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Jesuit Producing N95 Mask Shells

Jesuit Producing N95 Mask Shells

Engineering teacher Eric Price is utilizing Jesuit High School technology to help out local medical personnel during the coronavirus epidemic.

Inside the school's otherwise empty state-of-the-art Engineering & Robotics Lab – Jesuit is conducting virtual classes through May 1 so there are no students on campus – Price is printing plastic shells for N95 masks via the school's 3D printer. The shells are for the nursing staff of Dr. Alfonso Vargas, a Tampa neonatologist and father of Jesuit students Alfonso Vargas-Boggiano '20 and Daniel Vargas-Boggiano '22.

Hospitals all over the United States have been scrambling to get N95 masks for their employees as demand has shot up during the epidemic. However, the face-fitting, suction-designed shells for the masks are most critically lacking. Dr. Vargas needs N95 masks for 15 employees.

That's where Price and the 3D printer stepped in. He comes to Jesuit each day to print new masks and provide the finished products for Dr. Vargas and his staff. It's time consuming but effective: two shells take a total of 14 hours to print.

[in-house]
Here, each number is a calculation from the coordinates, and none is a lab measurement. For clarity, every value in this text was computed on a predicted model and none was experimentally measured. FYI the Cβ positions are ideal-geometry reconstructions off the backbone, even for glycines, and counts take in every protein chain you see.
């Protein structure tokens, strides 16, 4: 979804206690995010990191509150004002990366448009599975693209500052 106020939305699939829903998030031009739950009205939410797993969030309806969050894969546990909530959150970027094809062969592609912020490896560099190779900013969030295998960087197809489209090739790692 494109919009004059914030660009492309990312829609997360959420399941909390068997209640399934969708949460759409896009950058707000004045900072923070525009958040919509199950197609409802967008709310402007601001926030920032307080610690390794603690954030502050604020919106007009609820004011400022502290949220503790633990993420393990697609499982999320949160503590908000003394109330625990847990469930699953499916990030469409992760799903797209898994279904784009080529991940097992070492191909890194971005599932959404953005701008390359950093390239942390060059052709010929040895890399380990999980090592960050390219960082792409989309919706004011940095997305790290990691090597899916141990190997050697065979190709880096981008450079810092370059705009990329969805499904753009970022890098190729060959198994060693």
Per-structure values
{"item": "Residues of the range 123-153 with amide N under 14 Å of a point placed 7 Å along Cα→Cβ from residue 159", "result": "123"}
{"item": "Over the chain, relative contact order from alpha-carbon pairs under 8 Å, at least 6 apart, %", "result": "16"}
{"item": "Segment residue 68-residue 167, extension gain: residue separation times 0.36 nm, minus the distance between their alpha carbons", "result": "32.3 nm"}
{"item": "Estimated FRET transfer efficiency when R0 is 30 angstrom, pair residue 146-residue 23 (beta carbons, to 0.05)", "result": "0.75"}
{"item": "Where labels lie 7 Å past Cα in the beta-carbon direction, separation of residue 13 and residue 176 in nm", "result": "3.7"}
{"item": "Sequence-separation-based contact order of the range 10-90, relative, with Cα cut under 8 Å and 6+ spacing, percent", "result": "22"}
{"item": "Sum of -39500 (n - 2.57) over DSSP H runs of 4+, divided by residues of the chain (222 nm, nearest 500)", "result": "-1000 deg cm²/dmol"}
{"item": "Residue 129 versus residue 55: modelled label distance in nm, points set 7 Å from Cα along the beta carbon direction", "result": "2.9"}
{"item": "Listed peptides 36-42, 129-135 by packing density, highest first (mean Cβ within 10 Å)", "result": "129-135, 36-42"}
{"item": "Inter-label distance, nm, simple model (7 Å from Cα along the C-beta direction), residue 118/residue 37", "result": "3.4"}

"What you do is cut a square and lay the square down in (the mask)," Price said. "Then kind-of clamp it in."

The plentiful foam and cloth of the mask are disposable, but the scarce plastic 3D-printed shell can be reused and is machine washable.

Downloadable files for printing 3D masks are abundant on the Internet these days, as there has been an outpouring of calls to action during the pandemic to produce shells for the masks. Price said said he recently saw an ad on Facebook calling for 3D printers to make masks for the Tampa Bay area.

"I'm happy to be able to help out," Price said.

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